Next Article in Journal
Decentralised Electricity Markets and Proactive Customer Behaviour
Previous Article in Journal
State of Art of Using Biofuels in Spark Ignition Engines
Previous Article in Special Issue
Powering a Sustainable and Circular Economy—An Engineering Approach to Estimating Renewable Energy Potentials within Earth System Boundaries
 
 
Communication

Comparing Permitted Emissions to Atmospheric Observations of Hydrocarbons in the Eagle Ford Shale Suggests Permit Violations

1
College of Geosciences Environmental Programs, College Station, TX 77843, USA
2
Department of Atmospheric Sciences, Texas A&M University, College Station, TX 77843, USA
*
Author to whom correspondence should be addressed.
Academic Editor: Alexis Laurent
Energies 2021, 14(3), 780; https://doi.org/10.3390/en14030780
Received: 27 December 2020 / Revised: 26 January 2021 / Accepted: 28 January 2021 / Published: 2 February 2021
The recent decade’s rapid unconventional oil and gas development in the Eagle Ford of south-central Texas has caused increased hydrocarbon emissions, which we have previously analyzed using data from a Texas Commission on Environmental Quality air quality monitoring station located downwind of the shale area. Here, we expand our previous top-down emissions estimate and compare it to an estimated regional emissions maximum based on (i) individual facility permits for volatile organic compound (VOC) emissions, (ii) reported point source emissions of VOCs, (iii) traffic-related emissions, and (iv) upset emissions. This largely permit-based emissions estimate accounted, on average, for 86% of the median calculated emissions of C3-C6-hydrocarbons at the monitor. Since the measurement-based emissions encompass a smaller section of the shale than the calculated maximum permitted emissions, this strongly suggests that the actual emissions from oil and gas operations in this part of the Eagle Ford exceeded their permitted allowance. Possible explanations for the discrepancy include emissions from abandoned wells and high volumes of venting versus flaring. Using other recent observations, such as large fractions of unlit flares in the Permian shale basin, we suggest that the excessive venting of raw gas is a likely explanation. States such as Texas with significant oil gas production will need to require better accounting of emissions if they are to move towards a more sustainable energy economy. View Full-Text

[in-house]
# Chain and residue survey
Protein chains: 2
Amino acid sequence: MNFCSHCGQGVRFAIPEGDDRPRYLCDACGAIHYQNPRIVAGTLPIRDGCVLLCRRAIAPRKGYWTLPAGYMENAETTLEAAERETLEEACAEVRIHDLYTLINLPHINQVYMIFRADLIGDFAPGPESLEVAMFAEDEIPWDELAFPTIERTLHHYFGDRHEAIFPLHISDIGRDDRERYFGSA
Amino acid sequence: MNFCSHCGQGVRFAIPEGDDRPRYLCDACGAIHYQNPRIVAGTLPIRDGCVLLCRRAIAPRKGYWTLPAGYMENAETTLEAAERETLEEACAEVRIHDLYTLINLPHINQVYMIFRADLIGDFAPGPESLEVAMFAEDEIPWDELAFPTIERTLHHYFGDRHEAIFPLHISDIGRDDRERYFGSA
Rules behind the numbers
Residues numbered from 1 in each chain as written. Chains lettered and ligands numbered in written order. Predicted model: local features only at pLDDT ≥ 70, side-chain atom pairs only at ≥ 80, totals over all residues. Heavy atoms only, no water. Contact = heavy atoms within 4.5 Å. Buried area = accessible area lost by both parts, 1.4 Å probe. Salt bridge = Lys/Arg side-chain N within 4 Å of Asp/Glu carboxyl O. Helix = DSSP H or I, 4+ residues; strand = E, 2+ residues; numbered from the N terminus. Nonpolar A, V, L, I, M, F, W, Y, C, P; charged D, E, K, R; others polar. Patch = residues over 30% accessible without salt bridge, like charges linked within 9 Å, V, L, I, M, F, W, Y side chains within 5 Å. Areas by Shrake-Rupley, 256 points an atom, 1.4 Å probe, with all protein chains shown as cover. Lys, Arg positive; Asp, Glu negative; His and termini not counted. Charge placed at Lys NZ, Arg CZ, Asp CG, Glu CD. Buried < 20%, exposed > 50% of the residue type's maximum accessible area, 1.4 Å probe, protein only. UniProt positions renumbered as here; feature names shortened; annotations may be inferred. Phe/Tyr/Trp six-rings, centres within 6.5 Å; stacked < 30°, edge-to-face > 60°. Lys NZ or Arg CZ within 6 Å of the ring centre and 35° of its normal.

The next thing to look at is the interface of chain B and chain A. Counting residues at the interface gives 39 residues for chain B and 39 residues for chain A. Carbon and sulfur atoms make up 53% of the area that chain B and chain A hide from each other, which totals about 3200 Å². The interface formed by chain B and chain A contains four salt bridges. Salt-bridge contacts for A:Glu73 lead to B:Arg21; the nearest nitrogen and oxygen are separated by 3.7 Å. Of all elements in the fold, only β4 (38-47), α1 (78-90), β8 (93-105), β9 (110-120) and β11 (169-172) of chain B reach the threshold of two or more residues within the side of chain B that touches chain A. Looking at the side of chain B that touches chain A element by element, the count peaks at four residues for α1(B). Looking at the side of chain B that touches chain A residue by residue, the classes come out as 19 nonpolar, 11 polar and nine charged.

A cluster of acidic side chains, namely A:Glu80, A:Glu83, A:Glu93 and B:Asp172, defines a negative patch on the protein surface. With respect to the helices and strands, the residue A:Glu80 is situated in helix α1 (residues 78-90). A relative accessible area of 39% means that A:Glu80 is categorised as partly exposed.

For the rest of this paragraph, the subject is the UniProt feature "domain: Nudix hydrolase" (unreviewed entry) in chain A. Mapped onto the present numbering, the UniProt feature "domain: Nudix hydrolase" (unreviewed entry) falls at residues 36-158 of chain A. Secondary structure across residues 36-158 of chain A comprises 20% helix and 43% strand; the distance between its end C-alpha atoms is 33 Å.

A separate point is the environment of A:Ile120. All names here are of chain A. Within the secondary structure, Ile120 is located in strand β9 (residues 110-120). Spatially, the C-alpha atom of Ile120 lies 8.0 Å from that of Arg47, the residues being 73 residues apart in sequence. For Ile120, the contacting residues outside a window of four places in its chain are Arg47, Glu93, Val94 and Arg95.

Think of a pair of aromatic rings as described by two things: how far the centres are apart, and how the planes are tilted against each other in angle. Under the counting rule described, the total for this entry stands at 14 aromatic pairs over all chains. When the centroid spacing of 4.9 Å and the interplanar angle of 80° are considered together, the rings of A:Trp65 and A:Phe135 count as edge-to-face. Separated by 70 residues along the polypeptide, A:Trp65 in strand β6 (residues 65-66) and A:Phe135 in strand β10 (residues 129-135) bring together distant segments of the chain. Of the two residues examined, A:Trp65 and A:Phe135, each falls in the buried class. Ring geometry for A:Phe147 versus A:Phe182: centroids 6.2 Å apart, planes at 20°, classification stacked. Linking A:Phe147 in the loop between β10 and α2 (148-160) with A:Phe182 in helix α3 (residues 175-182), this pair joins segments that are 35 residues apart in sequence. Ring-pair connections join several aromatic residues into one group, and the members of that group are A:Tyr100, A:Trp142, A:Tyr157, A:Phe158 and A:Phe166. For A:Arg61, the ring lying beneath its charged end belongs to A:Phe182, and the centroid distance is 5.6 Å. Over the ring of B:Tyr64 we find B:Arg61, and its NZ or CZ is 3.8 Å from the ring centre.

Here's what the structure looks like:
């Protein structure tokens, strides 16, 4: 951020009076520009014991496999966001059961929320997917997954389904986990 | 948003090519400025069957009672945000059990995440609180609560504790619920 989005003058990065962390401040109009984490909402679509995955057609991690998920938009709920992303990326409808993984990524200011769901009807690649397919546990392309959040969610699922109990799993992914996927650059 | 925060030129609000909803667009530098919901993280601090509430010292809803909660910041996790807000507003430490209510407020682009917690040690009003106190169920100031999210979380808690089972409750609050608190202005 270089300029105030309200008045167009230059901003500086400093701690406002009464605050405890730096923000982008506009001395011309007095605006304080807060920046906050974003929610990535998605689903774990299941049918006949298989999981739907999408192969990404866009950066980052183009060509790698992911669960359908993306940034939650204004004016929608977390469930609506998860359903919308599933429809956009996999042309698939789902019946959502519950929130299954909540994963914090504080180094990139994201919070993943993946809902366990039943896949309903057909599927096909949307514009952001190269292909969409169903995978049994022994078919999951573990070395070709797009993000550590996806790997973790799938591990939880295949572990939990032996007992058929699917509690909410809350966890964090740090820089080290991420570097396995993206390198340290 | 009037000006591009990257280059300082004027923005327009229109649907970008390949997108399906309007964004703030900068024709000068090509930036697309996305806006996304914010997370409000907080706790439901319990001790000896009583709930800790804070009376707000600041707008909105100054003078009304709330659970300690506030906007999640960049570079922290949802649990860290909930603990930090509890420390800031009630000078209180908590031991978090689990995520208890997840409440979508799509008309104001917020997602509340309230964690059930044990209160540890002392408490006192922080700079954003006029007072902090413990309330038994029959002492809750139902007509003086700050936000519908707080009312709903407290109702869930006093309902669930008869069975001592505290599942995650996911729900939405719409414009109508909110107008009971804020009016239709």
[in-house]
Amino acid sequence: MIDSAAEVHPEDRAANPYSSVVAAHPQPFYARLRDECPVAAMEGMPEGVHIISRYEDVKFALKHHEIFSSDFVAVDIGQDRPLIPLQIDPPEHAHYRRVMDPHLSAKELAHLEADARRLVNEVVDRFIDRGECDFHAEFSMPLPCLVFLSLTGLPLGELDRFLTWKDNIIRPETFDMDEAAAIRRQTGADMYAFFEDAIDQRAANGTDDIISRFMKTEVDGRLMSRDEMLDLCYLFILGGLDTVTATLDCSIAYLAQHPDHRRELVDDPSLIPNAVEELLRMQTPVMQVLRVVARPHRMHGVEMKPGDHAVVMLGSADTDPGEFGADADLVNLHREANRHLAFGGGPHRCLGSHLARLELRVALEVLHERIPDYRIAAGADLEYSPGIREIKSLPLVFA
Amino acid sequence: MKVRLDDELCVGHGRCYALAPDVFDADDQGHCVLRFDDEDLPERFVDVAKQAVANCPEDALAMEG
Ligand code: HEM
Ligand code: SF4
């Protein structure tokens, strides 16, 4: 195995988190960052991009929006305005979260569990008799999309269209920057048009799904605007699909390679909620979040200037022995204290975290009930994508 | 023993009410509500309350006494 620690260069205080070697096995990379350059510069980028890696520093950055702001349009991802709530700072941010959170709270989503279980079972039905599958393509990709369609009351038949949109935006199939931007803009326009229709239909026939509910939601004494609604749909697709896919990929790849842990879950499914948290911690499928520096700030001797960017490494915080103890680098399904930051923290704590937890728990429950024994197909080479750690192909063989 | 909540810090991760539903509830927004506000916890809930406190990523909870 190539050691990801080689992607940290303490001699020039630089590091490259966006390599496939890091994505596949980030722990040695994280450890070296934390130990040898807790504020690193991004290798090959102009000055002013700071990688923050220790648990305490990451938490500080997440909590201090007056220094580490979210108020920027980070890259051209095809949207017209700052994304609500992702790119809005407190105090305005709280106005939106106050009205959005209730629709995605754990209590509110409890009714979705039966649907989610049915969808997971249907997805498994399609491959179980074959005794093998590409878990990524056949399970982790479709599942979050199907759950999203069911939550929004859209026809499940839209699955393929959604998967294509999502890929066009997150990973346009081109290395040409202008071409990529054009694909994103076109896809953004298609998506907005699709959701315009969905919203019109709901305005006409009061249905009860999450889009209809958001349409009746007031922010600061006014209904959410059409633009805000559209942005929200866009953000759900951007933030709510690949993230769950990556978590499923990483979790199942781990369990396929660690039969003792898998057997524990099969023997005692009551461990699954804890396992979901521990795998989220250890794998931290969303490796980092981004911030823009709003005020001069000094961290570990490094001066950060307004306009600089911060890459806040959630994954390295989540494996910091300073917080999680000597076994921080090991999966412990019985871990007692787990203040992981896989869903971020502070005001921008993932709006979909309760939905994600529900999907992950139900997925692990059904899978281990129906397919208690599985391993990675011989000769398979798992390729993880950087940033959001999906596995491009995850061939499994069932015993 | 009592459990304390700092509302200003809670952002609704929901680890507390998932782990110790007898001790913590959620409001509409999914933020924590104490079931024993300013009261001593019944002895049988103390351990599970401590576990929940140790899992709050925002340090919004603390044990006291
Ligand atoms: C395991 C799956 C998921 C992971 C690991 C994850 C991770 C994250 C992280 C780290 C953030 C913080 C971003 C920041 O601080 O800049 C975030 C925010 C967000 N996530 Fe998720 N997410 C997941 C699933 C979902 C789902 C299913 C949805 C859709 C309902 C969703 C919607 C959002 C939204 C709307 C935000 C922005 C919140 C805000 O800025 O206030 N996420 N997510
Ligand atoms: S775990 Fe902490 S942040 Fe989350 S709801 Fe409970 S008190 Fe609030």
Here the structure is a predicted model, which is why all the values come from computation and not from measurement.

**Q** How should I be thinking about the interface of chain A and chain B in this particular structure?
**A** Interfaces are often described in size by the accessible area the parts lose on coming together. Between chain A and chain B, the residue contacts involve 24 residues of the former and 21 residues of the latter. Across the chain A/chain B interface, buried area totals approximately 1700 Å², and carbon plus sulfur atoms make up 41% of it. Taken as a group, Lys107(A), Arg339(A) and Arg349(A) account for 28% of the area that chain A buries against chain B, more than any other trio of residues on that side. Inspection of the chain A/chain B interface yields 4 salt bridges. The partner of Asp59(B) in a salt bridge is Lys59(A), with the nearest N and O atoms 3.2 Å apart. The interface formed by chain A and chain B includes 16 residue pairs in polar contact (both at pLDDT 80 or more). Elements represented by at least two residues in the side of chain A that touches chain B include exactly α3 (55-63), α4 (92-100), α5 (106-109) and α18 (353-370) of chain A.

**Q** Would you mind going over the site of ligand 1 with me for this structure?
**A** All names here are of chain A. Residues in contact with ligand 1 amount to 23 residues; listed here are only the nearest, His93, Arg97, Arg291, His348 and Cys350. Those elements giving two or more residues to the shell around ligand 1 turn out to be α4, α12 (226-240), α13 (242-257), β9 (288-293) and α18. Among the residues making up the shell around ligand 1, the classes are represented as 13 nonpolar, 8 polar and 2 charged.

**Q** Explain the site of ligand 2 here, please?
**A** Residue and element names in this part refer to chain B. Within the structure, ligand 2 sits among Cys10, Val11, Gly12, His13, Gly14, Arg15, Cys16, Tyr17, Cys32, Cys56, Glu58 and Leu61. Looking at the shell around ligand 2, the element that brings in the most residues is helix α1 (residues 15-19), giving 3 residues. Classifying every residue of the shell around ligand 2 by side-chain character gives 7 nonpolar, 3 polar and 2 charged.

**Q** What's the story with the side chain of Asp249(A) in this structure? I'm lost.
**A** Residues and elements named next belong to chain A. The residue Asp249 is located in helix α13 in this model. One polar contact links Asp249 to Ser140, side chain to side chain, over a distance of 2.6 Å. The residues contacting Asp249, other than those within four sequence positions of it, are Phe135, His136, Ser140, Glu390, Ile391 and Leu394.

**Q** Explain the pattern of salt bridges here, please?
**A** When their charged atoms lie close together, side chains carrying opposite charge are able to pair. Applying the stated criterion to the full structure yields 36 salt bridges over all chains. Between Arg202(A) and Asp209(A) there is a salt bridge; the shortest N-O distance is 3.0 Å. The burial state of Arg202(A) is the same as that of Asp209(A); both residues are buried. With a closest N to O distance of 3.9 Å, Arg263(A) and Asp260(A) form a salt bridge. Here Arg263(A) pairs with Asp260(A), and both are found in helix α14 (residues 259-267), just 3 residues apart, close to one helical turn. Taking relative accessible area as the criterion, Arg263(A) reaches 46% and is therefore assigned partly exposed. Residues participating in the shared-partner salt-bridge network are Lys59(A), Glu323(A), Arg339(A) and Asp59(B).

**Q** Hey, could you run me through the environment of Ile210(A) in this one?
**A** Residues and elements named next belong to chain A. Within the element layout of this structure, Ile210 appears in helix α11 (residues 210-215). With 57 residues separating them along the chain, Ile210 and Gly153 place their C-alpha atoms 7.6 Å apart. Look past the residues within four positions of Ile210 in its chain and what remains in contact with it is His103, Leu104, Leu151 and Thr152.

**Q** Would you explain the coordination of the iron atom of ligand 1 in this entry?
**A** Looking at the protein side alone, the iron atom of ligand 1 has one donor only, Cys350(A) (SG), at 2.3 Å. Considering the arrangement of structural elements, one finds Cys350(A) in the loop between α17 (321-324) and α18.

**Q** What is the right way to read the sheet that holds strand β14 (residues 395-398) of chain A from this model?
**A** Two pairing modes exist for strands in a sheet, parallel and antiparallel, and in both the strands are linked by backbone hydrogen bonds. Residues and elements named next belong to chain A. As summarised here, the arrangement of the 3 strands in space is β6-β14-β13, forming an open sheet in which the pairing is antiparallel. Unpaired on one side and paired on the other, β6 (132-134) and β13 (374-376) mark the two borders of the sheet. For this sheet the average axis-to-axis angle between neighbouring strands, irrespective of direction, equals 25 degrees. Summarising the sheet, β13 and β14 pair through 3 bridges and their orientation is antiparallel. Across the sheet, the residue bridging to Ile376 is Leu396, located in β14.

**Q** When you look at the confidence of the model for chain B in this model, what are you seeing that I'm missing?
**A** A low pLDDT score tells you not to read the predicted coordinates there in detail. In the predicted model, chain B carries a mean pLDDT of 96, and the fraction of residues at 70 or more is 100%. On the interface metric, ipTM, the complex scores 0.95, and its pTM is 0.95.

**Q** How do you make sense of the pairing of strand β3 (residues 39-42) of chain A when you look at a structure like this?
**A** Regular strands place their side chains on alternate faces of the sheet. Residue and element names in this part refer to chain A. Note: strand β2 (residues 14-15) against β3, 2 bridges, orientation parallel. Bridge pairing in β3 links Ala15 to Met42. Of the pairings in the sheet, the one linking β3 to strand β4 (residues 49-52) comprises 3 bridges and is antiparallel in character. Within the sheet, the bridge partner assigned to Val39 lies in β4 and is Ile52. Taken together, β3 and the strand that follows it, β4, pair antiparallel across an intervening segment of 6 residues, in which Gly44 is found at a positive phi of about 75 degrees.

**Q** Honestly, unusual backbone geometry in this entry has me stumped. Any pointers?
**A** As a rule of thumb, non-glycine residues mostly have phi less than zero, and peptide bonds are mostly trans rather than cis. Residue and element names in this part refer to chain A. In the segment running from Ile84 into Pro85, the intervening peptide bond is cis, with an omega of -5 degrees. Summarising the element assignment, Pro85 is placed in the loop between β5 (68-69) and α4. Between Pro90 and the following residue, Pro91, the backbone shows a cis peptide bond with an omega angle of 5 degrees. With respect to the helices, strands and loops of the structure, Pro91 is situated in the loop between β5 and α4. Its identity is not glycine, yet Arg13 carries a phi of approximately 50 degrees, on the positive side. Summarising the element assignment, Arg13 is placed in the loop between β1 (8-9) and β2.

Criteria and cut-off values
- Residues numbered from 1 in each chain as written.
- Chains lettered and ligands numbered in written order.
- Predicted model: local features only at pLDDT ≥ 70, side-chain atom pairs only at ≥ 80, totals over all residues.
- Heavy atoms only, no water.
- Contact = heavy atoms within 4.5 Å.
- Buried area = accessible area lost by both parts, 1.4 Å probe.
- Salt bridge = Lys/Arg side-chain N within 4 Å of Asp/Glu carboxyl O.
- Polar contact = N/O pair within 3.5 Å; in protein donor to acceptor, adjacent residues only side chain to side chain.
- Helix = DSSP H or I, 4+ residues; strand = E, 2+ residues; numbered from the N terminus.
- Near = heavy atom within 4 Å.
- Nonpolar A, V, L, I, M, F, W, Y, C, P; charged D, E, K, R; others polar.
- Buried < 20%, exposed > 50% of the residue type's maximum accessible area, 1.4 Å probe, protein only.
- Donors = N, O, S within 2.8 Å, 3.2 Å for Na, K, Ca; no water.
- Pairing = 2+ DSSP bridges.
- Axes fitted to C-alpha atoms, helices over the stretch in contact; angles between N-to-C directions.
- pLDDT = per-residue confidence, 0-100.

Keywords: shale oil and gas; emissions permitting; atmospheric measurements; excess VOC emissions shale oil and gas; emissions permitting; atmospheric measurements; excess VOC emissions
Show Figures

Figure 1

MDPI and ACS Style

Holliman, J.; Schade, G.W. Comparing Permitted Emissions to Atmospheric Observations of Hydrocarbons in the Eagle Ford Shale Suggests Permit Violations. Energies 2021, 14, 780. https://doi.org/10.3390/en14030780

AMA Style

Holliman J, Schade GW. Comparing Permitted Emissions to Atmospheric Observations of Hydrocarbons in the Eagle Ford Shale Suggests Permit Violations. Energies. 2021; 14(3):780. https://doi.org/10.3390/en14030780

Chicago/Turabian Style

Holliman, Joel, and Gunnar W. Schade. 2021. "Comparing Permitted Emissions to Atmospheric Observations of Hydrocarbons in the Eagle Ford Shale Suggests Permit Violations" Energies 14, no. 3: 780. https://doi.org/10.3390/en14030780

Find Other Styles
Note that from the first issue of 2016, MDPI journals use article numbers instead of page numbers. See further details here.

Article Access Map by Country/Region

1
Back to TopTop